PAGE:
A startling discovery from Dr.Jekyll’s Genetics class has lead to critical look into Glar’s kitchen. The professor assigned students to a simple task, test the molecular structure of a piece of food. Trouble arose when one of the lab groups came across an anomaly. Hugh Jass and Bea O’Problem, two sophomores, were expecting their Thursday chicken tenders to display the makeup of the average gallus gallus domesticus.
“The tenders instead were comprised of various members of the sciuridae family,” Jass explained, “otherwise known as squirrel.”
It turns out the small rodents are more than just a common pest, but also a tasty treat. Known as the chicken of the trees, squirrels have long been a staple in American cuisine. According to Jass and O’Problem’s data, Glar has taken a page out of colonial cookbooks.
O’Problem stated that, “the most interesting finding was the variety of squirrel. The most common type was the gray squirrel, followed by flying, red and fox.”
Many of the species of squirrel found within the tenders are not native to Westminster. An anonymous source submitted a photo revealing a small containment area within the kitchen of Glar. Several cages held various species of squirrel.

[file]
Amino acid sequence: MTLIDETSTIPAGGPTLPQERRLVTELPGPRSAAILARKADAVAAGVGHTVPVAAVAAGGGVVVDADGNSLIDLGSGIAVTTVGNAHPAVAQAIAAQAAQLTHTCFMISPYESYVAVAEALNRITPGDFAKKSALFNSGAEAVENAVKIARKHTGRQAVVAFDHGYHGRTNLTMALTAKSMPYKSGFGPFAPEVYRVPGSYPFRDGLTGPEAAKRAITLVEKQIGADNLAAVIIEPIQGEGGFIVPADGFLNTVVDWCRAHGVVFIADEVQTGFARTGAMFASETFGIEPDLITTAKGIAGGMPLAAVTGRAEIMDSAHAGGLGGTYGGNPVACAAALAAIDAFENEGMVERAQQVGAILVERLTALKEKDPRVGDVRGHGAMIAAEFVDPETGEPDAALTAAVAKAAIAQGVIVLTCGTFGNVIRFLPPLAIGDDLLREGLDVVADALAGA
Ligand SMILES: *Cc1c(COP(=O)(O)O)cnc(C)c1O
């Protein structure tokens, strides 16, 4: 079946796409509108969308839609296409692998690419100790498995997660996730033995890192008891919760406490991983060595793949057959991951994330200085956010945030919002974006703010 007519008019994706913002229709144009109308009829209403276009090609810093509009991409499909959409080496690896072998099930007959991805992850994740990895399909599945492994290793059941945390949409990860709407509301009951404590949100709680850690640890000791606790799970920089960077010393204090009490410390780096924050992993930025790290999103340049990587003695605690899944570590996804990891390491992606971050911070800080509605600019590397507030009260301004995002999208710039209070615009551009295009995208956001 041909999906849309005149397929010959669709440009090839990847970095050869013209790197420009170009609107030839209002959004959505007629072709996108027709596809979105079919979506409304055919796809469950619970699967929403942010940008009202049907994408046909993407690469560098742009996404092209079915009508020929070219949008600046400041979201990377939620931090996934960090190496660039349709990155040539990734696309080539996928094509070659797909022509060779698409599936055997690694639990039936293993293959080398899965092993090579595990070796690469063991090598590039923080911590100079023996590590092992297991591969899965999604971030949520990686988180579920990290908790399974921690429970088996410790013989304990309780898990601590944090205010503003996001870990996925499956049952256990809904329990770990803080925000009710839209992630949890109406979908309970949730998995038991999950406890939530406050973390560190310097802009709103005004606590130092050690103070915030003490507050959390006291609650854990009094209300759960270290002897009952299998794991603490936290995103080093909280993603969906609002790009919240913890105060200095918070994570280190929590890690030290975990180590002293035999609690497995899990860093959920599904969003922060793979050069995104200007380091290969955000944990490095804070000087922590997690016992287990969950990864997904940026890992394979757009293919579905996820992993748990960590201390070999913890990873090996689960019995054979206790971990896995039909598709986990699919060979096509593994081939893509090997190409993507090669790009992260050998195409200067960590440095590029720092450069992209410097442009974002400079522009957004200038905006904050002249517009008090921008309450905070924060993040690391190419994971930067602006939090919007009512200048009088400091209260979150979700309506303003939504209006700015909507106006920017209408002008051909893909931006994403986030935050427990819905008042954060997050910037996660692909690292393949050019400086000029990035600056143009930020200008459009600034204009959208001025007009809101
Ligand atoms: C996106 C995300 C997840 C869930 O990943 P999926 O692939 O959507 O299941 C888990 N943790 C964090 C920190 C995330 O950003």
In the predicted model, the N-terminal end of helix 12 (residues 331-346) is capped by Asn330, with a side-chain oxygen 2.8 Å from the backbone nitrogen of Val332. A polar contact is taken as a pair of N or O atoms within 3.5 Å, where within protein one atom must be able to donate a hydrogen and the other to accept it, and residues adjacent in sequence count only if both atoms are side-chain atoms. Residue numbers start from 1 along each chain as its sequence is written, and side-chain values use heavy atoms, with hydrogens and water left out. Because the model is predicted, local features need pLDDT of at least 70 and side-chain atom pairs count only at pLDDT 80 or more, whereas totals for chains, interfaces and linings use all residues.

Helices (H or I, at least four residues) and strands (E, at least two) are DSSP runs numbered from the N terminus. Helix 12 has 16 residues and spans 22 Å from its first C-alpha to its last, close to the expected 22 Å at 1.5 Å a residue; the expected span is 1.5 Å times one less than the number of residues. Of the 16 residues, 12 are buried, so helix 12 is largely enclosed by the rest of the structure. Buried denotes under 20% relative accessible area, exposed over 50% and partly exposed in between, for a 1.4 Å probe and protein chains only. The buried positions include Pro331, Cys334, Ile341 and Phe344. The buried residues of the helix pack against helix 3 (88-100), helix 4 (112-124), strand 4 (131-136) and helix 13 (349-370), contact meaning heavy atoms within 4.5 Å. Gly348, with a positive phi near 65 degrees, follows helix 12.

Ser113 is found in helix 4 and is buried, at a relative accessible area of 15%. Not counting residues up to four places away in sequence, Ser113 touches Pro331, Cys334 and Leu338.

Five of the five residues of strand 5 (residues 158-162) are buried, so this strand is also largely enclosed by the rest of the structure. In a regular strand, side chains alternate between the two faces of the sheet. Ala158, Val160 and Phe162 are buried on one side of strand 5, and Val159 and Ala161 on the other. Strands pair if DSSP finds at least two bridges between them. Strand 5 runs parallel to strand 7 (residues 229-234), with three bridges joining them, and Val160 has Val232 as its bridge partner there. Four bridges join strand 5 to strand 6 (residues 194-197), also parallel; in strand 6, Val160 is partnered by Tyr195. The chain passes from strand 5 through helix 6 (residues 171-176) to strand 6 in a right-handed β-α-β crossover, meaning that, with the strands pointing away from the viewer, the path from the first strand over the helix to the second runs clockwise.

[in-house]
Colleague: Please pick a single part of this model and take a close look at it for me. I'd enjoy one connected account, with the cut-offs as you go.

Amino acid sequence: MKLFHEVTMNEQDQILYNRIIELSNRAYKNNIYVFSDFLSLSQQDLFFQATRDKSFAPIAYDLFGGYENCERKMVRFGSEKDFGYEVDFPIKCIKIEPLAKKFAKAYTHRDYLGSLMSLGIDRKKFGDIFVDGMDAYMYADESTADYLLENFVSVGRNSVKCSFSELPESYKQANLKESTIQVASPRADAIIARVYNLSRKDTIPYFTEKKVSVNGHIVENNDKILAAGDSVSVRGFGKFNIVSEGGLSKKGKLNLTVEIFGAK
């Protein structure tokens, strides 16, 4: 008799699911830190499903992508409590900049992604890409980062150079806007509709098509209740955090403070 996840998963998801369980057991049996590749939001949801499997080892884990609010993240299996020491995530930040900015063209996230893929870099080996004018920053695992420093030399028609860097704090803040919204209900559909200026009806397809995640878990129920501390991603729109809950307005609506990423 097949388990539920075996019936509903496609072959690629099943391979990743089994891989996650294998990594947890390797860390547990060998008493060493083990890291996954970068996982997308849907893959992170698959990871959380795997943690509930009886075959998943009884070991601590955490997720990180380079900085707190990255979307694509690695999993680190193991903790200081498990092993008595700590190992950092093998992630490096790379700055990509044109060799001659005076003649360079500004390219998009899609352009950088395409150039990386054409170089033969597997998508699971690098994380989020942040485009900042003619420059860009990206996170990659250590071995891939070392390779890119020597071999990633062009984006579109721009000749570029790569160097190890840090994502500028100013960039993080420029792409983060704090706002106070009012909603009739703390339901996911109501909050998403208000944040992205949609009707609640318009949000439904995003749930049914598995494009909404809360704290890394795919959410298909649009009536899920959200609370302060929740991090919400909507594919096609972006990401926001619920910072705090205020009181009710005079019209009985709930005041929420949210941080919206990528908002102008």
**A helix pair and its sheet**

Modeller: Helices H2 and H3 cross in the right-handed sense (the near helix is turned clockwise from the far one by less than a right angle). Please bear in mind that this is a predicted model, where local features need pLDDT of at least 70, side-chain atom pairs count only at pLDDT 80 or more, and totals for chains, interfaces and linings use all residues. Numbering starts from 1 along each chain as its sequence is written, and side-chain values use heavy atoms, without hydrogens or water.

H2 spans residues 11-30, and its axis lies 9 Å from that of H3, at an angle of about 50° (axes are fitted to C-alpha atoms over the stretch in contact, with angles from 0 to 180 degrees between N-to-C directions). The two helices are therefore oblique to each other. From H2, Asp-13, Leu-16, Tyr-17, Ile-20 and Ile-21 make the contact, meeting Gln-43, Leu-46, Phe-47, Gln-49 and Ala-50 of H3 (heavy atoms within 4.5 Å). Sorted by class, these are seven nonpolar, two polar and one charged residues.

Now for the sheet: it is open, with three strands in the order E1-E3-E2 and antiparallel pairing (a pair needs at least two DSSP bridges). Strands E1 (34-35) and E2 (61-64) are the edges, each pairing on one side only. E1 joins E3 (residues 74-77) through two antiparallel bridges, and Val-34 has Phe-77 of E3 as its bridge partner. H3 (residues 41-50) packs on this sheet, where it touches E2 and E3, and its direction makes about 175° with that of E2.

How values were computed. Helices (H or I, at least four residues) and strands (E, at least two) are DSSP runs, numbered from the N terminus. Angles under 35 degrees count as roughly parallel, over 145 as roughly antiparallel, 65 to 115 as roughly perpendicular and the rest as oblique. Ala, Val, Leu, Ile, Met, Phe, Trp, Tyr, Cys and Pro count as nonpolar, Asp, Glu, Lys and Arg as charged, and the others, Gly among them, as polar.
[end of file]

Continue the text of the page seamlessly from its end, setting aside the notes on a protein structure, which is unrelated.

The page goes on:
The anonymous added that the foreign squirrels are kept contained because “it is easier for the meat to bone ratio to be tracked and maintained” which ensures a thicker and juicier tender.
When asked to comment, Sodexo Consultant Anita Bath explained that the school is trying to cut down on cost and that there has been an initiative started towards the usage of alternate, cheaper sources of meat.
Cheaper sources of meat, such as squirrels?
“No comment,” Bath smirked before fleeing in a fluffy brown fur coat that smelled faintly of acorns.
O’Problem and Jass were certain that there were no toxic chemicals, pesticides or disease in the tenders, only squirrel meat. With the lack of harmful substances, Glar will continue business as usual. That squirrel you see scampering across red square may soon be coming to a plate near you.
However the discovery has sparked investigations into several aspects of the kitchen including the chemical makeup of “boom boom” sauce. Is it just Texas Pete’s hot sauce mixed with Sriracha or might there be a little gunpowder in there? Only future tests will tell.